A few years ago, I read this article.
If you don’t have a lot of time, skip down to the section that begins “Dani Indovino” and read from there.
And I come across articles like this quite often–articles predicting sweeping changes in education, some of which make sense, some of which have me shaking my head.
And then there’s this grim scenario, outlined by The Atlantic’s Michael Godsey, that nearly put me in tears thanks to his myriad sources basically claiming that teachers will soon be obsolete.
But what each of these articles omits in the land mine of education reform is best read here.
Education reformers often ignore and discount the heart of teaching–the emotion and passion of it. What Chase Mielke writes in the previous link is left out of every article that antagonistically asks, “Why do we still need teachers?” And sure, if you see school as a content delivery system, then Godsey’s imagined future is probably spot-on. But school isn’t a content delivery system.
When I taught AP Lang and Comp, I preached the gospel of collateral learning: that it sure was fantastic I was teaching them how to analyze argument, but what I really wanted them to learn was how to work hard. How to overcome adversity. How to be kind. How to be respectful. Can a superteacher’s recorded lectures, monitored by a classroom facilitator do that?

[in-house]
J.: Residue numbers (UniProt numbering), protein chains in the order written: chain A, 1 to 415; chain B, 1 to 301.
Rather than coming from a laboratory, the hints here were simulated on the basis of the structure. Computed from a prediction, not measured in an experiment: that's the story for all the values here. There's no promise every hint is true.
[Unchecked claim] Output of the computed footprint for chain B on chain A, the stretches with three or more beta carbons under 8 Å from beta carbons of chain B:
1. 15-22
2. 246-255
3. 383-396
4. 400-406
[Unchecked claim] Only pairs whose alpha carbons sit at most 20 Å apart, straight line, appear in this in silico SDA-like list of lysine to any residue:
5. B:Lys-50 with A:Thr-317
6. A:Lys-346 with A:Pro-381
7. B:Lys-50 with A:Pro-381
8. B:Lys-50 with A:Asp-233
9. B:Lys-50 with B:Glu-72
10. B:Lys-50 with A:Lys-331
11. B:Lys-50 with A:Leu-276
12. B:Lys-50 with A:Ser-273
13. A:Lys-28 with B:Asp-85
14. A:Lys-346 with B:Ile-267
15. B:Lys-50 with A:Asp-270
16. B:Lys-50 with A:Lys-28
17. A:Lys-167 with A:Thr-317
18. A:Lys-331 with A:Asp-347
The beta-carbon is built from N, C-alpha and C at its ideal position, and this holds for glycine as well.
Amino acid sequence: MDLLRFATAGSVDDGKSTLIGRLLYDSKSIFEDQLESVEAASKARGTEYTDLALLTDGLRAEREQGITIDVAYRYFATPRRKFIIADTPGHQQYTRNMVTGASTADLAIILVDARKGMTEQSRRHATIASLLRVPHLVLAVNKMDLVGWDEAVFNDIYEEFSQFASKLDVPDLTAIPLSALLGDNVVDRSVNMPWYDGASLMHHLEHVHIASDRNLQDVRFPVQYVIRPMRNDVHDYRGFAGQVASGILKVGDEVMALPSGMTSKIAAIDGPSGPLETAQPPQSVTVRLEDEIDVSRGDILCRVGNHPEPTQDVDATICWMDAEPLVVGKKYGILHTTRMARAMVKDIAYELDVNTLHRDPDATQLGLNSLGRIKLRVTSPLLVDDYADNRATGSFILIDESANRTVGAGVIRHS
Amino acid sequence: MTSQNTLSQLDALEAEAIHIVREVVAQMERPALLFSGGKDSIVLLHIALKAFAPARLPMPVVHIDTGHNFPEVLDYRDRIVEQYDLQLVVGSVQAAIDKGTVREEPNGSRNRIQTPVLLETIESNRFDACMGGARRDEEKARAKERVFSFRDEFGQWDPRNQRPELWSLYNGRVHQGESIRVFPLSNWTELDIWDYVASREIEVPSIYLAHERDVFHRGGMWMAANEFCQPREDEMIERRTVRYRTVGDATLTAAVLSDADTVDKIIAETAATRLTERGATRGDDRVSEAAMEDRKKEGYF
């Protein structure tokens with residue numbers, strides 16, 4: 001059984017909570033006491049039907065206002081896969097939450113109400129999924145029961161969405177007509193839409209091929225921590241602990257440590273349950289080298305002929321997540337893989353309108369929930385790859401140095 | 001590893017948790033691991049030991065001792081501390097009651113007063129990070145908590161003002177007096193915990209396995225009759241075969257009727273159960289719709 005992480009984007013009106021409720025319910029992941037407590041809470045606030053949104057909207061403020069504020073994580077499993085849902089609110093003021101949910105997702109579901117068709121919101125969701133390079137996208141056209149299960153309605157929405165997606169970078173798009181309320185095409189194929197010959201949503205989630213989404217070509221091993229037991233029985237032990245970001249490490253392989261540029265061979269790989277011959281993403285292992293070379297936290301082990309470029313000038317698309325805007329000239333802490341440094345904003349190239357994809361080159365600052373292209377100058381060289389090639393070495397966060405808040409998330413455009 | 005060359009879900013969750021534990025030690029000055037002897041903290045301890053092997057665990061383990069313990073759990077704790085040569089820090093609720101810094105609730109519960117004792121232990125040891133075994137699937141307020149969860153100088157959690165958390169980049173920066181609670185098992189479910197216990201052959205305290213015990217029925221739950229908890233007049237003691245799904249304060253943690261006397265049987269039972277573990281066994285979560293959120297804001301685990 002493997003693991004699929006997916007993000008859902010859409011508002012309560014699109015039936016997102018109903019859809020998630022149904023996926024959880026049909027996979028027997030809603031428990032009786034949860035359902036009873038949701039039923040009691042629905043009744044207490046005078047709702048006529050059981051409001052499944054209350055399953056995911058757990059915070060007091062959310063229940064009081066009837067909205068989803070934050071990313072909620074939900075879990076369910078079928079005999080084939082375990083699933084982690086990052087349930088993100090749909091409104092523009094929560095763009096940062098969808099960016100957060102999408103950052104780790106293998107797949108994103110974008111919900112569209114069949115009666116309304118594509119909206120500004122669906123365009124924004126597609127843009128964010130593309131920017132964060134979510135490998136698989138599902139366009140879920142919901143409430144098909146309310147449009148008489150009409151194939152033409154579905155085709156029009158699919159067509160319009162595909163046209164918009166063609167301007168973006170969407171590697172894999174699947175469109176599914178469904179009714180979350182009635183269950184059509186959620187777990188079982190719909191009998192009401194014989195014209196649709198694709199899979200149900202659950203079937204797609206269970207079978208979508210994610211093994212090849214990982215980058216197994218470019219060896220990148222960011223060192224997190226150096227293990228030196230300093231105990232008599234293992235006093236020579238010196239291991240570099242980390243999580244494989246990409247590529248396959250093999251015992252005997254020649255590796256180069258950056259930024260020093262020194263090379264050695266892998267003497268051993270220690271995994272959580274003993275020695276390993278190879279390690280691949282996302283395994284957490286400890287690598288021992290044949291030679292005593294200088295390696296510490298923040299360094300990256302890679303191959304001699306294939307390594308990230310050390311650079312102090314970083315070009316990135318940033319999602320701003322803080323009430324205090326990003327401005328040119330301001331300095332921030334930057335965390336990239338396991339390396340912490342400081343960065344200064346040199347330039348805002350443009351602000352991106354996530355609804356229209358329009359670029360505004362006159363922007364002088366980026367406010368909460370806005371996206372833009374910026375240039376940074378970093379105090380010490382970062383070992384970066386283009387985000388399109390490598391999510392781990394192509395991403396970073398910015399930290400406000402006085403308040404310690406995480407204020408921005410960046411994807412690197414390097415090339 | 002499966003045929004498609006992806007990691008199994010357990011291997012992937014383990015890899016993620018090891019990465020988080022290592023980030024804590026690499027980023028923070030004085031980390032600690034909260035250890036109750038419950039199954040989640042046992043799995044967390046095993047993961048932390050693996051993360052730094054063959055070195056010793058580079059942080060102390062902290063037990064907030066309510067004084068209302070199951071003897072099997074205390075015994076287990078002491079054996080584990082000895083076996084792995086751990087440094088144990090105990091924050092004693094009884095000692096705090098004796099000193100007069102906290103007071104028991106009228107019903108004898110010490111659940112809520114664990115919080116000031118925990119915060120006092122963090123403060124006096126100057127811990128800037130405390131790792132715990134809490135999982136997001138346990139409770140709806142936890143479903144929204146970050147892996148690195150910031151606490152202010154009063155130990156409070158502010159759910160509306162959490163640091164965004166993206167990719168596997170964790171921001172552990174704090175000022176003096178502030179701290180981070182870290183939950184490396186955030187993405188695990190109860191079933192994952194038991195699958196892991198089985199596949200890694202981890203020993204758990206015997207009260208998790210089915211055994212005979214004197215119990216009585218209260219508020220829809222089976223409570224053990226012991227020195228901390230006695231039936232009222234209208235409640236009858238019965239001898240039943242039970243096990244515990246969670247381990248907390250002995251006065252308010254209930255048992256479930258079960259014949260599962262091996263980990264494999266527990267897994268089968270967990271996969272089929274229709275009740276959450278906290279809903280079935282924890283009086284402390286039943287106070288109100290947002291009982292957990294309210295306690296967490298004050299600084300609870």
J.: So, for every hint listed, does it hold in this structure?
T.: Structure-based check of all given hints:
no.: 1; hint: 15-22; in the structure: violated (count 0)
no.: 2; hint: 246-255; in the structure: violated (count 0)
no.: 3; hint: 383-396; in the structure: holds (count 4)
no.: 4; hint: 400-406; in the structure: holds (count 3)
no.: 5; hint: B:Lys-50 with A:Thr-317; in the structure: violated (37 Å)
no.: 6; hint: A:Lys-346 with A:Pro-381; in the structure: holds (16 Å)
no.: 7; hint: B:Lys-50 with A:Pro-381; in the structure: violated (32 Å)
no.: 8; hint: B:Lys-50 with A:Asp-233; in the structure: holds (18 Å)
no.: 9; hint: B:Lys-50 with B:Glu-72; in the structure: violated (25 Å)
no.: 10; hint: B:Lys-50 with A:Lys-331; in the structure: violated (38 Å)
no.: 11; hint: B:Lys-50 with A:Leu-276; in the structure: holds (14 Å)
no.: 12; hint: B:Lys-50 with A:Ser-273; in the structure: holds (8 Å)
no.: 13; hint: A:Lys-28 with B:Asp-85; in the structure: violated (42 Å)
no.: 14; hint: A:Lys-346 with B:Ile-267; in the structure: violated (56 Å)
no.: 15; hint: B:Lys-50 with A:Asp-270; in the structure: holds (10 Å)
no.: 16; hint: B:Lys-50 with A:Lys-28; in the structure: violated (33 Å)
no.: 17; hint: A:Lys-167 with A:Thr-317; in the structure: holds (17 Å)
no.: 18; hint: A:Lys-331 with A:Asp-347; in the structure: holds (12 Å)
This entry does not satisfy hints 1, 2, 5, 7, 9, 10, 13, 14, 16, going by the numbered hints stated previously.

I think not.
Why do we still need teachers? Because for so many–too many–kids, a teacher is the one adult they trust. The one adult they can confide in. The one adult they know has their backs and will fight for and with them.
Why do we still need teachers? Because a recorded lecturer cannot hear the kid in the back ask a question, or correct a misperception.
Why do we still need teachers? Because a human connection during the learning process adds an immeasurable value to both student and teacher.
If we replace teachers with cold software and pre-recorded lectures, it is not hyperbole to suggest that a dystopian future awaits us. Every dystopian novel I’ve read has alluded to a complete removal of human connection from the classroom, if not a complete removal of traditional education.
Why do we still need teachers?
Why do you even need to ask?